FAQ

Fort Collins Cycling FAQs

How do I report a road hazard in Fort Collins:

The Access Fort Collins website and mobile app are great ways to report infrastructure issues

 

What plans exist for regional trail connections?

The North Front Range Metropolitan Planning Organization has a non-motorized plan that is the best resources for regional trail connectivity.

 

Whats the difference between “sustainable transportation”, “active transportation” and “alternative transportation”?

We think the words we use to describe the world have a profound effect on how we experience the world. When you reduce transit and bikes and walking to “alternatives”, that reinforces single occupancy automobiles as a norm.

If we want to promote healthier, safer, more affordable and inclusive transportation systems, we can’t live with that status quo.  bikes and buses are not alternatives, they’re rational, responsible choices which should be funded and prioritized and engineered appropriately. “Sustainable” and “active” are just two different ways of think about how different autocentrism (prioritizing the speed and convenience of cars) is from safer, healthier, more inclusive and affordable transportation systems.

 

Shouldn’t bicyclists pay registration fees to “pay their share” of roads?

This is a common question. Our colleague Meg Dunn of Pedal Fort Collins addressed this in some detail in a pair of blog posts. There are essentially 2 parts of the question:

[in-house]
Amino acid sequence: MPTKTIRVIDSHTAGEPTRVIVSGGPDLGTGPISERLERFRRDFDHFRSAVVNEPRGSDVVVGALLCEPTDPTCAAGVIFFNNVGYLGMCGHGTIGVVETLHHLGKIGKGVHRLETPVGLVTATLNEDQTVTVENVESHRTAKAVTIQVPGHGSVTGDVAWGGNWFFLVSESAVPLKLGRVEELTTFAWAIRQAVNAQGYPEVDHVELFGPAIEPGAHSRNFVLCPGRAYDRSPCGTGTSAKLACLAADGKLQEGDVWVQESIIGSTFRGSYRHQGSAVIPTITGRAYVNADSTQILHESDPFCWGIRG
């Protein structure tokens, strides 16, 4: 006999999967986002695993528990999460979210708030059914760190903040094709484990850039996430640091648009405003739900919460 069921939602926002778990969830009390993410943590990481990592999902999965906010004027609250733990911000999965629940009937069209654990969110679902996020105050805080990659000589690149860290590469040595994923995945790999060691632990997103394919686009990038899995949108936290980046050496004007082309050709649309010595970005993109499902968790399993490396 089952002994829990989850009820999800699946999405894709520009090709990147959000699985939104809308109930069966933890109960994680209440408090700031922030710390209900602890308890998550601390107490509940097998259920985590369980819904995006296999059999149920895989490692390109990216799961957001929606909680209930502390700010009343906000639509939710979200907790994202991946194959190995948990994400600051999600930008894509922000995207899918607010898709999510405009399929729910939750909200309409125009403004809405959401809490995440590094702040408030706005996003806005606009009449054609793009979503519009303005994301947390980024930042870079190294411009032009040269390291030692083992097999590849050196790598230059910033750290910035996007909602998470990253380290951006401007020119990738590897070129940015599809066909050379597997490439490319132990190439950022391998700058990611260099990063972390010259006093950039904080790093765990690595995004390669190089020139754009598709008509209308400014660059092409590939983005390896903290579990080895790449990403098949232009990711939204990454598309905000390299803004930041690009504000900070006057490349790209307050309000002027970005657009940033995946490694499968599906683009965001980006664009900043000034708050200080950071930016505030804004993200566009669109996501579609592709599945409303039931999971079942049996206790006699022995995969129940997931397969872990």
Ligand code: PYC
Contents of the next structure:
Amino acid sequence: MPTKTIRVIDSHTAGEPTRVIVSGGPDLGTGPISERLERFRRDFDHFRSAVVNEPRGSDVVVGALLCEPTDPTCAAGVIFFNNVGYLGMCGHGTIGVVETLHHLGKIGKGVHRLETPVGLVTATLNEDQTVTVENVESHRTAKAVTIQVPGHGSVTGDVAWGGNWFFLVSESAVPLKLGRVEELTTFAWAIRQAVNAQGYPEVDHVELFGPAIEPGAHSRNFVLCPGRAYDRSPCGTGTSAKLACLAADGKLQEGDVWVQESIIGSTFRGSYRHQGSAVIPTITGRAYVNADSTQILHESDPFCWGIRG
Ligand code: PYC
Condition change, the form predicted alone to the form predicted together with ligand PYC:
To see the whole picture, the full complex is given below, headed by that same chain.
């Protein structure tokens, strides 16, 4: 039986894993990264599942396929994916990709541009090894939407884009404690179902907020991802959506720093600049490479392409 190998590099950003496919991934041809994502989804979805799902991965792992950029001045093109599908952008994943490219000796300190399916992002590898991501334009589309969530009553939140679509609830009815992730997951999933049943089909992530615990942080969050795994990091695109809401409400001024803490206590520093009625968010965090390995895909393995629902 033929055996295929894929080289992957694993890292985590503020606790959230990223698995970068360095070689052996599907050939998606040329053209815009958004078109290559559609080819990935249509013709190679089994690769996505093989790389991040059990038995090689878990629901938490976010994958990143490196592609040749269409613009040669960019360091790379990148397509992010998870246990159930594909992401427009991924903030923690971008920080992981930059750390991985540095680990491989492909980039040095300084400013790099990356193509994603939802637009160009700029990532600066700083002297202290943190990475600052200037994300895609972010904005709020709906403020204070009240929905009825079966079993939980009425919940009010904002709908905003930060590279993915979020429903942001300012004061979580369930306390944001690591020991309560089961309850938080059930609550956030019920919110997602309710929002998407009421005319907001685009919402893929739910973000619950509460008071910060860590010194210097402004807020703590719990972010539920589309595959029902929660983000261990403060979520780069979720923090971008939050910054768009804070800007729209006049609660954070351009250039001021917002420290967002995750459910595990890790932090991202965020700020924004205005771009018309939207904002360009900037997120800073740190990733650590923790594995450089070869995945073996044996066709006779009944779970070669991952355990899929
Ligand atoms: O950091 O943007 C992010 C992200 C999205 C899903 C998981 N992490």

1. How are roads funded?
  2. Which road users are most expensive?

Most of our city and county street and road budgets come from sales and property tax, not gas tax and registration, meaning that we’re all chipping into the pot, and it should be obvious that cars put exponentially more stress on roads than bicycles do.  When you put those facts together, all other things equal, a bicycle commuter with the same size house and consumer habits as a driver is actually subsidizing the driver, not the other way around.  We’re happy to pay our own way and support infrastructure that keeps everyone safe, but we can put the notion that bicyclists are tax mooches to rest.

What about licenses for cyclists?

On a practical level, there are very few to no examples of places where licensing for bicycles has had a positive impact on traffic safety.  In fact, if safety is your goal, your number one priority should be making it easier for people to make choices other than single occupancy vehicles, whose crashes are the leading preventable cause of death of Americans, including children.  Why would we want to add barriers to making safer healthier choices? And let’s keep in mind that in the US, we do require licenses to operate motor vehicles, and they’re still a public safety menace.